It starts slowly—you may start panting after climbing two floors, miss your regular bus, or you can't remind the name of that actor from The Hudsucker Proxy. In your mind, you may feel a decade or two younger than you actually are, but aging is eventually catching up with you. This is the last moment you need to start treating your health seriously and dropping bad health habits. The good news is that you can still make a difference—"it is never too late to take up a new health habit at any age. Small changes lead to long-lasting results for our well-being," says Dr. Krystal L. Culler, DBH, M.A., founder of the Virtual Brain Health Center. "Start today and reap the benefits for your brain and body," she encourages. Read on to learn about habits you should never do after age 60—and to ensure your health and the health of others, don't miss these Sure Signs You Had COVID And Should Tell Your Doctor.
You Ignore Proper Hydration
"As you get older, your sense of thirst diminishes. Older people tend to be dehydrated more than younger people because they do not have the sensation that they are thirsty. This causes issues with Urinary Tract Infections, blood pressure fluctuations, decreased activity, fatigue, electrolyte abnormalities," says Manish B. Patel, DO. "Good rule of thumb is that your pee should be a light yellow color similar to straw. If it is too dark, then not drinking enough. If it is clear, then you may be drinking too much water."
You Don't Change Your Workout
"Many people who want to start working out or who have worked out in the past jump back into working out. They do the workouts they have done forever. Now, as people get older, certain activities may cause more injuries than not," says Dr. Patel. "As people get more years, they should start concentrating on more restorative training, balance, calisthenic and weight training. Weight training will continue to increase the amount of bone formation and help with less injury and falls."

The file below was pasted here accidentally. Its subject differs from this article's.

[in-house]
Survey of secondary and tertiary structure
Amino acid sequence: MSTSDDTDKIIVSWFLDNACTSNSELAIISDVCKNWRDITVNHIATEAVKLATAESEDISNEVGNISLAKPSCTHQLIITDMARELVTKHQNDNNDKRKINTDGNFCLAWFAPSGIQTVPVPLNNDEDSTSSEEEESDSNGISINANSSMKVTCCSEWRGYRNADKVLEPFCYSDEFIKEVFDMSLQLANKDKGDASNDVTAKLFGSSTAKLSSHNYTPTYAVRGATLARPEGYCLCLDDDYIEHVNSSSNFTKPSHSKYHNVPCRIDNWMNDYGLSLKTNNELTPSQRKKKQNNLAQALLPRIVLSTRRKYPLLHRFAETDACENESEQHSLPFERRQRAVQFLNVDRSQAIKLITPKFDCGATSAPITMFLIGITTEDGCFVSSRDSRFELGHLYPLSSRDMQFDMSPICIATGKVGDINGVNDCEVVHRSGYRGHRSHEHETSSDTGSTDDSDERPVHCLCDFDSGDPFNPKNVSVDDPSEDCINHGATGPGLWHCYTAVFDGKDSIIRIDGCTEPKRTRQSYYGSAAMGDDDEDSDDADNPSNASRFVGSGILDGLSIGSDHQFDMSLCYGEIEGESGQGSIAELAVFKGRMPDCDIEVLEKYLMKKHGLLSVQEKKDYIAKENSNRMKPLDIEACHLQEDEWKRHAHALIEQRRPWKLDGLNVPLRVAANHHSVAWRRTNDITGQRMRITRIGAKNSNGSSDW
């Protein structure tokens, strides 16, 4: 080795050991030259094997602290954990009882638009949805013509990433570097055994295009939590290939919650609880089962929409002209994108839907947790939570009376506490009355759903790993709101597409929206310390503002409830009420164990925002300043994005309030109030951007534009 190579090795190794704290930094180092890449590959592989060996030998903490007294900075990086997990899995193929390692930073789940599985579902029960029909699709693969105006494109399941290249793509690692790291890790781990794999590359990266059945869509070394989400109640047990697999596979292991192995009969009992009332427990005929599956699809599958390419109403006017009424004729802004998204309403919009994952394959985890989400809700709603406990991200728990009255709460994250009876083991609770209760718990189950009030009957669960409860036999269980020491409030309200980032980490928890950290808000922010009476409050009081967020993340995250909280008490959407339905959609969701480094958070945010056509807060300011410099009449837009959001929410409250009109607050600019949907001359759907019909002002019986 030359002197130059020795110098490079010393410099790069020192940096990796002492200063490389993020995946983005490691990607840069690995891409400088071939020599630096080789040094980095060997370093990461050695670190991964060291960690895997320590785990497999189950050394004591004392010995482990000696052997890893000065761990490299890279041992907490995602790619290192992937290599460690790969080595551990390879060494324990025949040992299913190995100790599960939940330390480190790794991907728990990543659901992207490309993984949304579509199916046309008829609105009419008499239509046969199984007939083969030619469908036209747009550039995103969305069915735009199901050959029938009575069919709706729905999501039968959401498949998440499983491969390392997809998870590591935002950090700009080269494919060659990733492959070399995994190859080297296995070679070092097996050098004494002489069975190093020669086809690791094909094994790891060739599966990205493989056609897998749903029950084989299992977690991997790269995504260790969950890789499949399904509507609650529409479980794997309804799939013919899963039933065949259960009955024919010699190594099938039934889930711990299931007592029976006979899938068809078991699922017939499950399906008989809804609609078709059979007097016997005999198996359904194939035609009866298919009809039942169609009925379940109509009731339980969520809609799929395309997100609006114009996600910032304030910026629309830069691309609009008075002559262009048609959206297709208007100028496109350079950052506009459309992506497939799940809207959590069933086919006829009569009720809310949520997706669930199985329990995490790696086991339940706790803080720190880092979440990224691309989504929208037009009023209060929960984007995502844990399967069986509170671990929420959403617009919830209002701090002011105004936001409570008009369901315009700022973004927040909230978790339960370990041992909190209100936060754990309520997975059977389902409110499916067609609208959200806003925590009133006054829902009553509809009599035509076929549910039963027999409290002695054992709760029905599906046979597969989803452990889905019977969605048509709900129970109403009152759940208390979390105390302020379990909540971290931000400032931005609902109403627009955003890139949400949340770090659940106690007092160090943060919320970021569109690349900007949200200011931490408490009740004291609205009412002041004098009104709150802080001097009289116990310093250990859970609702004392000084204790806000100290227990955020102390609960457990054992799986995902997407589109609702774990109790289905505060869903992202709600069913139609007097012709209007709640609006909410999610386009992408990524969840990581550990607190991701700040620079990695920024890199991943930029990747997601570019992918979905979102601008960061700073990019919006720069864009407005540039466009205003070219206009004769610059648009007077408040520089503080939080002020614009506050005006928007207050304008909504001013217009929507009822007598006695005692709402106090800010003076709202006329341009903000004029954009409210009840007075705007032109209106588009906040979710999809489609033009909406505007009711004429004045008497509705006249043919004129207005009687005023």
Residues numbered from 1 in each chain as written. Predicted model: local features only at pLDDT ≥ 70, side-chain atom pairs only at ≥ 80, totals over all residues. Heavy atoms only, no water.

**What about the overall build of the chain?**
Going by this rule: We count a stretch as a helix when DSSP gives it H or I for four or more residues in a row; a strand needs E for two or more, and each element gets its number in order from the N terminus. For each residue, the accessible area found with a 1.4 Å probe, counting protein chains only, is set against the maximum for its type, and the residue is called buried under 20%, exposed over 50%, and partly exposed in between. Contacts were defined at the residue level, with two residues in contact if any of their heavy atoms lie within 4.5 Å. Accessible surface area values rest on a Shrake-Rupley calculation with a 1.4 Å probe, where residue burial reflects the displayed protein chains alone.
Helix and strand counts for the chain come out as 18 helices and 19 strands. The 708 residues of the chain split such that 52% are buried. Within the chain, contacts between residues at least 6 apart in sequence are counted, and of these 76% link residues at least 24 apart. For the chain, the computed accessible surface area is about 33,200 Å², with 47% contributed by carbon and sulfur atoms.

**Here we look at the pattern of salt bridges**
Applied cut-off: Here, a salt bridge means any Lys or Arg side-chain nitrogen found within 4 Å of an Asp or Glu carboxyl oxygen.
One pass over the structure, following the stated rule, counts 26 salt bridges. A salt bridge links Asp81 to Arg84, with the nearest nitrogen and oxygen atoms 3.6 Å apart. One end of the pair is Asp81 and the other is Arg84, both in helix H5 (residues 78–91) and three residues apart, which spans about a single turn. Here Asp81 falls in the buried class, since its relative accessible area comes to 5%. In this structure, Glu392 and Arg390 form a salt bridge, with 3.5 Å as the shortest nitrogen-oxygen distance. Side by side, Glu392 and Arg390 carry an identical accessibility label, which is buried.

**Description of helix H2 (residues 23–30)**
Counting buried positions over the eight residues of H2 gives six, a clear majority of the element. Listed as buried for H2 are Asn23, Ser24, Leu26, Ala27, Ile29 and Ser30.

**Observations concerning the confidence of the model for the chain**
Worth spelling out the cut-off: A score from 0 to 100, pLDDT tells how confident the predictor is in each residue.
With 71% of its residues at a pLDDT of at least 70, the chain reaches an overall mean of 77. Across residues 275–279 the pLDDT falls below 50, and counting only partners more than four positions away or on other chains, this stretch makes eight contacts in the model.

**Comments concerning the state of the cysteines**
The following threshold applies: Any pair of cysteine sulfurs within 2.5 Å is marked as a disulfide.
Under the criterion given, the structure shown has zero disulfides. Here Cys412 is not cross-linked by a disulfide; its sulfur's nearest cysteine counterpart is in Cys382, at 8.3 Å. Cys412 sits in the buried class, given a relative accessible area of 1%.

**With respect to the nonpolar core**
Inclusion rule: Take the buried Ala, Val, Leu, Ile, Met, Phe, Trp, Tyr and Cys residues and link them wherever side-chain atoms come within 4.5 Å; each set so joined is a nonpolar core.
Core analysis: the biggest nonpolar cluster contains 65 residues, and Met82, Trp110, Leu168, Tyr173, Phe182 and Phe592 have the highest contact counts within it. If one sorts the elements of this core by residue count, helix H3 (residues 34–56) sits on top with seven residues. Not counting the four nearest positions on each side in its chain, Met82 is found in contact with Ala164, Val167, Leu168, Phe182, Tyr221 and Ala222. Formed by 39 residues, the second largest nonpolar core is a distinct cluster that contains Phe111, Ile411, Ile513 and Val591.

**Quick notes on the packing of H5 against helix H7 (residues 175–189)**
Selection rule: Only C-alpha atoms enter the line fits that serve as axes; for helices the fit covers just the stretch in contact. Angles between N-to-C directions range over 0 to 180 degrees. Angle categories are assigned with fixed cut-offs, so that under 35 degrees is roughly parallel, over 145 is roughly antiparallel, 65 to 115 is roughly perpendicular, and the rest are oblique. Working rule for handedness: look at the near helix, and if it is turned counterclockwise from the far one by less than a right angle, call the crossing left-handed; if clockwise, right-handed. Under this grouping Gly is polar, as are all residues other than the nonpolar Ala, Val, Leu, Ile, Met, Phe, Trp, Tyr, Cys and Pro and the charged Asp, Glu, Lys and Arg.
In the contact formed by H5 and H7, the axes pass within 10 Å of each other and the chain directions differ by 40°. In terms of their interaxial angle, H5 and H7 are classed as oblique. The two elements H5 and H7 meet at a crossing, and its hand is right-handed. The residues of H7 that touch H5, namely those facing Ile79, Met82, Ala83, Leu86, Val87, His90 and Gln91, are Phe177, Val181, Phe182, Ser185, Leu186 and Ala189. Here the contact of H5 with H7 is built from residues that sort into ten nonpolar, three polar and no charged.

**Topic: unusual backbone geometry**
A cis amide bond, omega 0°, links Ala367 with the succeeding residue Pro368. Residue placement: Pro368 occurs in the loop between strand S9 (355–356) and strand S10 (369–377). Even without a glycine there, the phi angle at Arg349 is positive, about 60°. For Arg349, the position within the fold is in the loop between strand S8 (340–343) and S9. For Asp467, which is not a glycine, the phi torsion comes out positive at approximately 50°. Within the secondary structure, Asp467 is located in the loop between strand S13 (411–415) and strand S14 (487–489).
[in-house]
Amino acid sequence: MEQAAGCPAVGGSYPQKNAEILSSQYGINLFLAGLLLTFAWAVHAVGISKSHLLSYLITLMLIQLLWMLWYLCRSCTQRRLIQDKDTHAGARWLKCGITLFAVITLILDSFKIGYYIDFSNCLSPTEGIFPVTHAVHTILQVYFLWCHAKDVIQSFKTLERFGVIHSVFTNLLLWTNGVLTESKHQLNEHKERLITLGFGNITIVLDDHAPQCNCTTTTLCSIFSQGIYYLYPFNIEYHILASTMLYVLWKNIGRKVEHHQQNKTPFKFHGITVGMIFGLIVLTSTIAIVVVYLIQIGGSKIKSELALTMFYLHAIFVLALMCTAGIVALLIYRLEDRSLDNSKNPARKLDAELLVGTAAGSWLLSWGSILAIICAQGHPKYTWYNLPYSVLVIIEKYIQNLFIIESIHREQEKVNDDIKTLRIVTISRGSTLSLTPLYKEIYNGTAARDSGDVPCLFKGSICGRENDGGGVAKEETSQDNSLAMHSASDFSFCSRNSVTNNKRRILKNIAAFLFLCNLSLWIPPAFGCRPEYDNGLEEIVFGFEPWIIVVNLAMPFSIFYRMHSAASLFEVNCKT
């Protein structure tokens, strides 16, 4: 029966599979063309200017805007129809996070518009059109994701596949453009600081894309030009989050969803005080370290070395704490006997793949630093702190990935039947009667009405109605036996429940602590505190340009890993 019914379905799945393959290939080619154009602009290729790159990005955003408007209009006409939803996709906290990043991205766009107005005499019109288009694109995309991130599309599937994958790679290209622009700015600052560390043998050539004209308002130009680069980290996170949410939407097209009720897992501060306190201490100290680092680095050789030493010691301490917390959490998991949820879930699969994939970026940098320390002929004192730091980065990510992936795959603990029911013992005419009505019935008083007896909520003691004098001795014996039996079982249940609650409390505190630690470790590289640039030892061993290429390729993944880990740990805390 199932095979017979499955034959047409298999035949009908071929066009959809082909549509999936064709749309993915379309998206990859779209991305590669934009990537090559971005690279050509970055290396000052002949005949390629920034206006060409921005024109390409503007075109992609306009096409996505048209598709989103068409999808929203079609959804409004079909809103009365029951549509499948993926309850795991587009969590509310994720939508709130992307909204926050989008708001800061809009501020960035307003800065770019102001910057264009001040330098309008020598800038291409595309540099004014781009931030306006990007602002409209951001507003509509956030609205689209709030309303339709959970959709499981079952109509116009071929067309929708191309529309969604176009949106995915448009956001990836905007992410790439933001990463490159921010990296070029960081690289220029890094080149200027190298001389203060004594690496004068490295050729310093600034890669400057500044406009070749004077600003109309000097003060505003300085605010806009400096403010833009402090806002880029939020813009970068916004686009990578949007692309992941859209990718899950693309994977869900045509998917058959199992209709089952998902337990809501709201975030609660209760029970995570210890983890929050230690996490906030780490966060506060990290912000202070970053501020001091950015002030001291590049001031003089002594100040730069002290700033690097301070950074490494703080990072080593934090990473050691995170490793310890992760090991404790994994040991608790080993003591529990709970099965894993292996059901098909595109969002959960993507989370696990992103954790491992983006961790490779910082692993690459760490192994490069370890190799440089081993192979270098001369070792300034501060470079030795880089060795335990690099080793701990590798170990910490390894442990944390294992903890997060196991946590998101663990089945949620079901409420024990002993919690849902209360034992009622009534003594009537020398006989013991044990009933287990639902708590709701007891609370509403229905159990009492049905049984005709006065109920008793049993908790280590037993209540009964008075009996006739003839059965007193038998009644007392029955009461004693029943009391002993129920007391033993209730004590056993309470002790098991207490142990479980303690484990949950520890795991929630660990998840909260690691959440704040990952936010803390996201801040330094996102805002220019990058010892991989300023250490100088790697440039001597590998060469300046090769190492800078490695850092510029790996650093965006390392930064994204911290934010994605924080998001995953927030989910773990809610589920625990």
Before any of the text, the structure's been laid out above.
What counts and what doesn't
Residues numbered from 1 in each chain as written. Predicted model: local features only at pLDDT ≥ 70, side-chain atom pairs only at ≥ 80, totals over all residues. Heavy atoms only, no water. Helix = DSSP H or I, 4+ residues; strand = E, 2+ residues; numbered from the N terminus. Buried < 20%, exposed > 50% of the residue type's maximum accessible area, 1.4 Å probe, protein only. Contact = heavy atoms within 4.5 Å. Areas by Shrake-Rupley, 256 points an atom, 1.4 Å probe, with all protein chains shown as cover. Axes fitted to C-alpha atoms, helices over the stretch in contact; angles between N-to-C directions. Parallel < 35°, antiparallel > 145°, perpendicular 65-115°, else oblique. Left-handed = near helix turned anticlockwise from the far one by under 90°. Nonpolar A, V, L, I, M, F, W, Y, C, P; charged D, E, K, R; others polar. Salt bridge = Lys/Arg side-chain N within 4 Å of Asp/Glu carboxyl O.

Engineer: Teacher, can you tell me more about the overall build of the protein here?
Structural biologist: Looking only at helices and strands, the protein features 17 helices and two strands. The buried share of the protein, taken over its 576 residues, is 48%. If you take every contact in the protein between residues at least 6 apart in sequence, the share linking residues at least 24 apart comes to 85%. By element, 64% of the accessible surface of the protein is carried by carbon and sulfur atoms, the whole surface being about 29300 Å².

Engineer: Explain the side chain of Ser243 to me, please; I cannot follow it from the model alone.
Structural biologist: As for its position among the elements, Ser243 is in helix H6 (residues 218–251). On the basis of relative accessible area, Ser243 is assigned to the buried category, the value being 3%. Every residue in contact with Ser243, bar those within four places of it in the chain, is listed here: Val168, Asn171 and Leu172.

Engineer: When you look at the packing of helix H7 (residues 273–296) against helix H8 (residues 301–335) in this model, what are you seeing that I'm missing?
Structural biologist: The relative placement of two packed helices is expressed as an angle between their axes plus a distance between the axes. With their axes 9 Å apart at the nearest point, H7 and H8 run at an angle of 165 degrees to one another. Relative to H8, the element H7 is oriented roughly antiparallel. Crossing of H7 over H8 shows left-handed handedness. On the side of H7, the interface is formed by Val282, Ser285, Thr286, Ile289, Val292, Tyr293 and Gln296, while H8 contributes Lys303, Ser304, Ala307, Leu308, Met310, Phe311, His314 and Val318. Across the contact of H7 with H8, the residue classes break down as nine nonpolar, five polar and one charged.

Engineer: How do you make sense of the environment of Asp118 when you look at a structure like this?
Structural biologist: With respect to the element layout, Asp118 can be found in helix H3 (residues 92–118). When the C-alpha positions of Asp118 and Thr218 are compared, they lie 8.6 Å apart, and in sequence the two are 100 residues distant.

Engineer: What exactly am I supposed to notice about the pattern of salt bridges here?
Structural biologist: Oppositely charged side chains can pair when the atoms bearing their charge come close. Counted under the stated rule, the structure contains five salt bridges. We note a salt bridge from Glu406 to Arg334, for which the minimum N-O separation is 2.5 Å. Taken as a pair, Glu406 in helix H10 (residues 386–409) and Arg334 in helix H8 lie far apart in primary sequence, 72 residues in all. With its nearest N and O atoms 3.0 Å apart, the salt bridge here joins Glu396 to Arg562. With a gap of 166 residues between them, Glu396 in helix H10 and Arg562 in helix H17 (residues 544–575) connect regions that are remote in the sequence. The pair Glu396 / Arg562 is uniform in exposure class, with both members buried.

You Stay On Medication for Years
"The goal of medication is to supplement your health to bring your body into proper hemostasis. Diet, exercise, and lifestyle changes are the primary prescription for the majority of health problems," says Dr. Patel. "People need to stay vigilant in making sure that they are trying to get off medications or decrease the dose that they need."
You Don't Get Vaccinated
"Many individuals skip their childhood vaccine boosters and do not get the flu vaccine yearly. With COVID-19 bringing vaccines to the forefront, so has vaccine disinformation," says Dr. Patel. "People should consult their primary care physician and get up to date on vaccines. After the age of 60, many try to take that retirement vacation they have been holding off. Ensuring a good time means staying healthy."
You Skip Regular Eye Exams
"Age-related macular degeneration (AMD) is the leading cause of blindness in people over 50 in the United States. It's easy to miss the early stages of AMD because you may not experience any symptoms," says Dr. Ryan Young. "Later in the disease process, It can cause blurred vision, distortion, and eventually total loss of your central vision. It's important to have regular eye exams to protect your vision proactively."
Drinking Caffeine Past Noon
"It takes an average of 5 hours for half the level of caffeine consumed to drop in our bodies and upwards of 10-15 hours for it to no longer have an impact on our bodies and brains. To get a restful sleep, switch to decaffeinated beverages after noon or by mid-day," says Dr. Culler. "Remember that caffeine is also a diuretic and may increase trips to the bathroom and require more fluids to quench our thirst. Reach for water to keep hydrated."
Avoid Trying to Bank Sleep
"Do not plan to make up sleep throughout the week or on the weekends for lack of sleep that occurs. We are not able to "bank" our sleep, and it is a myth of aging that we require less sleep with age," says Dr. Culler. "In our sixties and beyond, we should still aim for 7-9 hours of sleep per night. Make sleep a daily priority and rest well."
RELATED: Everyday Habits That Lead to Aging
Stop Blaming Your Age
"Avoid blaming your age. How we view our own age has a direct impact on our health, dementia risk, longevity, and more," says Dr. Culler. "It is to our benefit to embrace a more positive view of our aging experience- our health depends on it!" And to get through this pandemic at your healthiest, don't miss these 35 Places You're Most Likely to Catch COVID.